Yet despite these networks’ highly bureaucratized operations, they have become notorious for drowning their passengers. On August 17, 2015, a boat with some 500 asylum seekers and migrants capsized just off the shore of the Libyan town of Zuwara. Over the next two weeks, Zuwara’s residents collected 183 bodies from their coastline. The smugglers moved to the neighboring town of Sabratha and, on September 21, 2017, a shipwreck on the outskirts of Zuwara left 90 people dead.
Departures occur throughout the day from well-known smuggling hubs. Given their prominence, it is impossible for them to operate without coordination and support from the Libyan Coast Guard (“LCG”), which receives direct funding and technical support from the EU. Indeed, Amnesty’s documentation reveals that some members of the LCG collude with smugglers by providing safe passage in return for payment. Of the 72 individuals interviewed by Amnesty in 2017, seven confirmed that they had been stopped by the LCG while at sea and were allowed through after their smuggler was identified as someone who had paid for safe passage of his boats.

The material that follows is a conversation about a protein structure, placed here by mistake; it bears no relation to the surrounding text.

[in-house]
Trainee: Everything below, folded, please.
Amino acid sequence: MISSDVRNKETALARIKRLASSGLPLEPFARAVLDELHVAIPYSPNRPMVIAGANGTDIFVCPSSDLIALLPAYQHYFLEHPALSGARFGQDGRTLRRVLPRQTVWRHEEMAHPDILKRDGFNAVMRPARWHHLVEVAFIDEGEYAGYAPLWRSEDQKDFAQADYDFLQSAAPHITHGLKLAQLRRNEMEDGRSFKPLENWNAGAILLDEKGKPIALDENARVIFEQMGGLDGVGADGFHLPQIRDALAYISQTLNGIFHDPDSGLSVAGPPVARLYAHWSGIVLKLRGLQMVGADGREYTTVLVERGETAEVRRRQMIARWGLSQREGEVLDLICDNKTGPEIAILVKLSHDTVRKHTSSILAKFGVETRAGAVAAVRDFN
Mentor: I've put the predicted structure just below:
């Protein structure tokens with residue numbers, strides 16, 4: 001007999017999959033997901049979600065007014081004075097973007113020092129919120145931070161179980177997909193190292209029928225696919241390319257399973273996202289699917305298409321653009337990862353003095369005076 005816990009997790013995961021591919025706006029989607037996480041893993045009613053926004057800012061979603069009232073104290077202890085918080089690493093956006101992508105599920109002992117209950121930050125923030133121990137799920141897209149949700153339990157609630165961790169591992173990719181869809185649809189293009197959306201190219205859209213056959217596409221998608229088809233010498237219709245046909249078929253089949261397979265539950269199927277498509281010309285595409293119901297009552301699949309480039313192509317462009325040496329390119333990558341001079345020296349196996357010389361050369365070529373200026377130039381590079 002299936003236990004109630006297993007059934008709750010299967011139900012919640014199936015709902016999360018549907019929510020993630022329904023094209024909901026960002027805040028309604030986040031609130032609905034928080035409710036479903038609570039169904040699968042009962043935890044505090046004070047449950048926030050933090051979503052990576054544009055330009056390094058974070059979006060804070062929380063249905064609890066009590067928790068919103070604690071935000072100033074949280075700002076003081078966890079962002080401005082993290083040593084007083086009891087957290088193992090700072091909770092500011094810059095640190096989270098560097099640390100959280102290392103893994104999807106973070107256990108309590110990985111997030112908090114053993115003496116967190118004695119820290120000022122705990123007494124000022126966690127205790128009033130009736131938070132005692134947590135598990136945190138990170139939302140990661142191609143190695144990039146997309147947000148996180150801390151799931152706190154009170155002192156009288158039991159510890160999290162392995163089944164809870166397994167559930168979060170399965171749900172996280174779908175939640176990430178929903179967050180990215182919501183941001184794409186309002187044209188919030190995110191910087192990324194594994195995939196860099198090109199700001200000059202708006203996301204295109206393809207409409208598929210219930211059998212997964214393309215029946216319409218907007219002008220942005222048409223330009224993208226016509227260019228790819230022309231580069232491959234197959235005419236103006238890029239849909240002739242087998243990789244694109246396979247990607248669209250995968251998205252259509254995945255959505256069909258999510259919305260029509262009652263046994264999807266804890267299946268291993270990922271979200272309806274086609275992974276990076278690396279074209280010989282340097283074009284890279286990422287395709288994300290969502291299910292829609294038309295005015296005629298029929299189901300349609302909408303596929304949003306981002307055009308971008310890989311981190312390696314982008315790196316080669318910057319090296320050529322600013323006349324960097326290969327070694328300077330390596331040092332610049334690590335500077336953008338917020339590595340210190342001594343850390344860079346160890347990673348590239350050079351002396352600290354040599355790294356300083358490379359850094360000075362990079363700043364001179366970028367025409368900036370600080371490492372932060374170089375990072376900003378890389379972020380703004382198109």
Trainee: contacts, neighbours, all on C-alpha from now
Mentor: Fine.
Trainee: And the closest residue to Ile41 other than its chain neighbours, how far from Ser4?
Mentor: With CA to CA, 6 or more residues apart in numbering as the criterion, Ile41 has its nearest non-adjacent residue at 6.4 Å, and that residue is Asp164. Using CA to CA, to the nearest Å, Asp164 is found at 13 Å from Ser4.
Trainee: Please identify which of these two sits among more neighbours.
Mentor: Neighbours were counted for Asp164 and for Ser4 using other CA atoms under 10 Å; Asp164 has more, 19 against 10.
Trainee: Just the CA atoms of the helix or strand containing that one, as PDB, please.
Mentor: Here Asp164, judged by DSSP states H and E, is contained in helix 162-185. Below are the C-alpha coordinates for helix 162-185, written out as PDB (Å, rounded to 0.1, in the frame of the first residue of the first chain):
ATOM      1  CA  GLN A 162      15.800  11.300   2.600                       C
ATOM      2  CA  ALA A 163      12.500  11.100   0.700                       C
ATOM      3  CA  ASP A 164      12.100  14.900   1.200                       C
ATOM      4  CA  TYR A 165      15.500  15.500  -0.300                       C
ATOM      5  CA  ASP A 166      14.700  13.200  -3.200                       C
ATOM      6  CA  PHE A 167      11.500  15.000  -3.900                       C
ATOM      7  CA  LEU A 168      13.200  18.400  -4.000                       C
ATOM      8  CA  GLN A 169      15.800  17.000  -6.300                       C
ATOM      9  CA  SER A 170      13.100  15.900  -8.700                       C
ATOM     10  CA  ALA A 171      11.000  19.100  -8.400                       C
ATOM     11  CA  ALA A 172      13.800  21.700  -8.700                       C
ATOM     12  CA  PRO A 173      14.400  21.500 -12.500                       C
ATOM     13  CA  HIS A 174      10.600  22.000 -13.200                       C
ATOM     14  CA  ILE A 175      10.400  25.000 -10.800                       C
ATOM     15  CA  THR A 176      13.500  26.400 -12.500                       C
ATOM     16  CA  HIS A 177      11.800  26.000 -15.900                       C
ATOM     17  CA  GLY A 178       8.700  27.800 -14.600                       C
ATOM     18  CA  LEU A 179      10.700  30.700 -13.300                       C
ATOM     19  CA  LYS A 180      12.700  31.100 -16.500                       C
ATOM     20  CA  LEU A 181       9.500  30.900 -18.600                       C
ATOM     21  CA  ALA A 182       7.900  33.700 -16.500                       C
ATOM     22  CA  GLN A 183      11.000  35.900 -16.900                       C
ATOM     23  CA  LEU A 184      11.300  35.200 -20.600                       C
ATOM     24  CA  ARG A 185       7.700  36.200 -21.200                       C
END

B. “Libya is Hell”: asylum seekers and migrants in Libya suffer horrific mistreatment
Asylum seekers and migrants unable to secure passage on the smugglers’ vessels endure horrific treatment and routine abuse while detained in Libya’s prisons. Men, women, and children are subjected to systematic torture including rape and beatings. Many are held in overcrowded cells and denied food and water. Multiple refugees asked by Amnesty to describe their experiences in Libya responded with the expression: “Libya is hell.” Interviewees described being beaten by metal rods, wires, fire hoses, and the flat side of a machete. Interviews conducted by Amnesty in 2016 and 2017 consistently described how, in order to extort a ransom from the relatives of detained refugees and migrants, guards forced them to listen to the screams of their loved ones, tortured while on the phone.
C. EU complicity feeds and empowers human rights violations
EU complicity feeds and empowers these grotesque human rights violations. With the increasing number of asylum seekers and migrants crossing into Europe, governments began prioritizing counter-smuggling operations to rescue efforts. As part of this new approach, the EU moved to externalize and outsource its border controls to Libya. They achieved this through a three-pronged strategy.